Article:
pertaining to or resembling a crow.
Corvine “of or relating to crows” derives from the Latin adjective corvīnus, from the noun corvus “raven” and the adjectival suffix -īnus. A common misconception is that corvus shares an origin with the similar-sounding English word crow, but in fact—as we learned from the recent Word of the Day ravenous—corvus shares an origin instead with English raven. Latin c- frequently corresponds to Old English h-, and Latin corvus is therefore related to Old English hrǣfn, which became raven in modern English. This pattern also explains how Latin caput connects to English head (Old English hēafod) and how Latin cor (stem cord-) is cognate to English heart (Old English heorte). Corvine was first recorded in the 1650s.
I looked overhead and then scanned the horizon. In the north, above the trees shading a dry creek bed, there were a lot of crows. A bunch of them. I’d go so far as to say that it was even a crowd of crows. Dozens, in any event. They settled into the trees and then roiled upward, like ash and cinders from a fierce fire … I felt as if I were looking in on a corvine colloquium to which I had not been invited.
He had a corvine nose, mouse-like eyes and a base, greedy expression. The two men charmed and wheedled and swindled their way into court, extorting money with astrological predictions, remedies against sickness, vague promises to find the philosopher’s stone.
large; powerful; impressive.
Skookum “large, powerful, impressive” derives from Chinook Jargon, a pidgin spoken primarily during the 1800s in the Pacific Northwest that still has hundreds of speakers today. A pidgin is a simplified language variety that fuses elements from multiple languages, and Chinook Jargon is primarily based on four sources: English, French, Lower Chinook (a Chinookan language once spoken along the Columbia River), and Nootka (a Wakashan language still spoken along the western coast of Vancouver Island). However, skookum entered Chinook Jargon instead from Lower Chehalis, a Salishan language once spoken in the southwestern coastal area of the Olympic Peninsula; skookum derives from Lower Chehalis skwəkwə́m “ghost, spirit, monster.” Skookum was first recorded in English circa 1830.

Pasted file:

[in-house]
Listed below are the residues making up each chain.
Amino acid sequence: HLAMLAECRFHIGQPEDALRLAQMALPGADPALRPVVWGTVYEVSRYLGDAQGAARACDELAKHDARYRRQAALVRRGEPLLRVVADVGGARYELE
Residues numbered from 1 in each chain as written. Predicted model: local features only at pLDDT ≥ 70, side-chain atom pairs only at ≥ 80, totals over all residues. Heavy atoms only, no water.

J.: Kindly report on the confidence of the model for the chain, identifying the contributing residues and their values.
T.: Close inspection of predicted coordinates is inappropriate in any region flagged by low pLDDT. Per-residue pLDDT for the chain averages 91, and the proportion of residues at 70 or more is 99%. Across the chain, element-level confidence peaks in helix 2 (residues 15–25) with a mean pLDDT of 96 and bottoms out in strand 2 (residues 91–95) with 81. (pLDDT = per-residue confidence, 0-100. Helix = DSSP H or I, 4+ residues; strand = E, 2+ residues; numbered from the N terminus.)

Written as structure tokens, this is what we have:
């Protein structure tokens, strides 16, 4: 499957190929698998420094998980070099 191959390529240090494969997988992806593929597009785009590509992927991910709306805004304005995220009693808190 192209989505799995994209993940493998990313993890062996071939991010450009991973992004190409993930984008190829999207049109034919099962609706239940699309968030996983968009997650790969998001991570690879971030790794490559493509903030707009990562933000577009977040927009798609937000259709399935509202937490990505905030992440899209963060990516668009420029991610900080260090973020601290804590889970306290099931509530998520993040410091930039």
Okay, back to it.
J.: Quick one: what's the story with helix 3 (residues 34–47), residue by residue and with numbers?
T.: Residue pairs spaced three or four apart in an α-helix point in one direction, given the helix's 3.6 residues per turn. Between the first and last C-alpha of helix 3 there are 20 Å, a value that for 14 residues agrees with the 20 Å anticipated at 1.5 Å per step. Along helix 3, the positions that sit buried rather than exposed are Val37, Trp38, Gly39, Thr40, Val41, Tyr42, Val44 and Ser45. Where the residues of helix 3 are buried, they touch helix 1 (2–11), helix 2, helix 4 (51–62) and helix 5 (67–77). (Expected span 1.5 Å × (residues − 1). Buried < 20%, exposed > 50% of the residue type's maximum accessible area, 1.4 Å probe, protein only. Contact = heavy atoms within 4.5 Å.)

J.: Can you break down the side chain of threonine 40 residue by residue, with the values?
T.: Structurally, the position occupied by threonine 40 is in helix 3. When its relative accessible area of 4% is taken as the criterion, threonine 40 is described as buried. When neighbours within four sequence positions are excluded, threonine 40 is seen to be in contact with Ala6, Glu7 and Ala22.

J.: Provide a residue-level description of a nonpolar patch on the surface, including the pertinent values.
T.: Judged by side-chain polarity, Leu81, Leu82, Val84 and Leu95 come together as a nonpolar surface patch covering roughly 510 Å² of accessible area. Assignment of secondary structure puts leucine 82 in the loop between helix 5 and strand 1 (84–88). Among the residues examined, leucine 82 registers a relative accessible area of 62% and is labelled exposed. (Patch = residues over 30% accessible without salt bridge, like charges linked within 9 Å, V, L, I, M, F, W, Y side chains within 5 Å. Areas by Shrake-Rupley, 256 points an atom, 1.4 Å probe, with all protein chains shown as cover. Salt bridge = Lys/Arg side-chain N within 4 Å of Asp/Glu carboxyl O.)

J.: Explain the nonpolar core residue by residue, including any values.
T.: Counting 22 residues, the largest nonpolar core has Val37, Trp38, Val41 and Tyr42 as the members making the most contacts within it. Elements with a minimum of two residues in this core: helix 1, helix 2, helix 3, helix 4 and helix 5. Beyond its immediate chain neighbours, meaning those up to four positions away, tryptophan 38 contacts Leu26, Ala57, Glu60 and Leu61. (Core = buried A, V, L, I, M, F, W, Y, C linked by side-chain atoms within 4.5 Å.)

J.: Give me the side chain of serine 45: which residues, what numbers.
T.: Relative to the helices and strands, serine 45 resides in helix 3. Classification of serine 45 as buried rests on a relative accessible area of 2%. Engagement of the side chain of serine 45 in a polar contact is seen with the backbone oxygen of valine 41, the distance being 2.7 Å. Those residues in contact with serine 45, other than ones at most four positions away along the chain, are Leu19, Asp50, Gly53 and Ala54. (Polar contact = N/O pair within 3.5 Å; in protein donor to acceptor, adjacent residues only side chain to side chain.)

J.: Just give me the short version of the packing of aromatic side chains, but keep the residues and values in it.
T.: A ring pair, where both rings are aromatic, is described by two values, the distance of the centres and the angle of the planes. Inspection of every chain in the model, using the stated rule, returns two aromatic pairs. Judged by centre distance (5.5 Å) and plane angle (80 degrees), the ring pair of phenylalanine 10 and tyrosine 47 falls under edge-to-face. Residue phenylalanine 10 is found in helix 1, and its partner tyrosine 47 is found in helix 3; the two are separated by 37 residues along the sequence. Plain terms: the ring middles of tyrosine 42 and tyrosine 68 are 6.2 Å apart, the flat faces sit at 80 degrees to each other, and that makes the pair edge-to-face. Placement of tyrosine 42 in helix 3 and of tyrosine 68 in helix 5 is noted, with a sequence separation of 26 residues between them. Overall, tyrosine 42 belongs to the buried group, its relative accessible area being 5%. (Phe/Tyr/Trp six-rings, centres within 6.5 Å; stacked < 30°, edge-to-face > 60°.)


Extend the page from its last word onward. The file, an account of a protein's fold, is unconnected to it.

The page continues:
At the head of the anti statehood efforts was the lobbyist for the Alaska Packers Association, W.C. Arnold. “The fishing and cannery industries employed W.C. Arnold, a man so powerful that he was called ‘Judge Arnold,'” Alaskan historian Claus Kaske told the San Francisco Chronicle in September of 2008. “Arnold was a skookum lobbyist, and he told Congress that business was paying the cost of running the territory.”
verb (used with object)
to chant; intone.
Cantillate “to chant” derives from Late Latin cantillāre “to sing low, hum,” a verb formed from the stem cant- “sing” and the diminutive element -ill-. Cant- ultimately derives from the verb canere “to sing” and is the source of many words related to song, pronunciation, persuasion, and even light magic. While cant- is preserved in words such as cantor, in many stems, Latin a- often becomes e- after a prefix is added; this is how cant- becomes the cent- element in accent (from Latin accentus “speaking tone”) and in incentive (from Latin incentīvus “setting the tune”). Because Latin ca- often becomes cha- in French, the Latin stem cant- is visible today in the French-derived word enchant. Cantillate was first recorded in English in the early 1860s.
Shmuly’s voice, in contrast to his father’s, was high pitched and extraterrestrially sweet, as if the hormonal shakedown had not quite taken. You leaned forward with your elbows planted on the balcony railing, … your brow resting against the steeple of your fingers pointed heavenward as he melodically cantillated the tropes he had so perceptively deconstructed the night before.
Perhaps unique among international teams, the … group … face to the west and sing the national anthem with a gusto that threatens to require a second warm-up. Before that though comes another ritual, an emotional chant known as the Inifresi, a pledge to their motherland in Chamorro. Standing in a tight circle the entire playing, coaching and support staff cantillate the words as if coming from the depths of their soul, a paean to their forebears.
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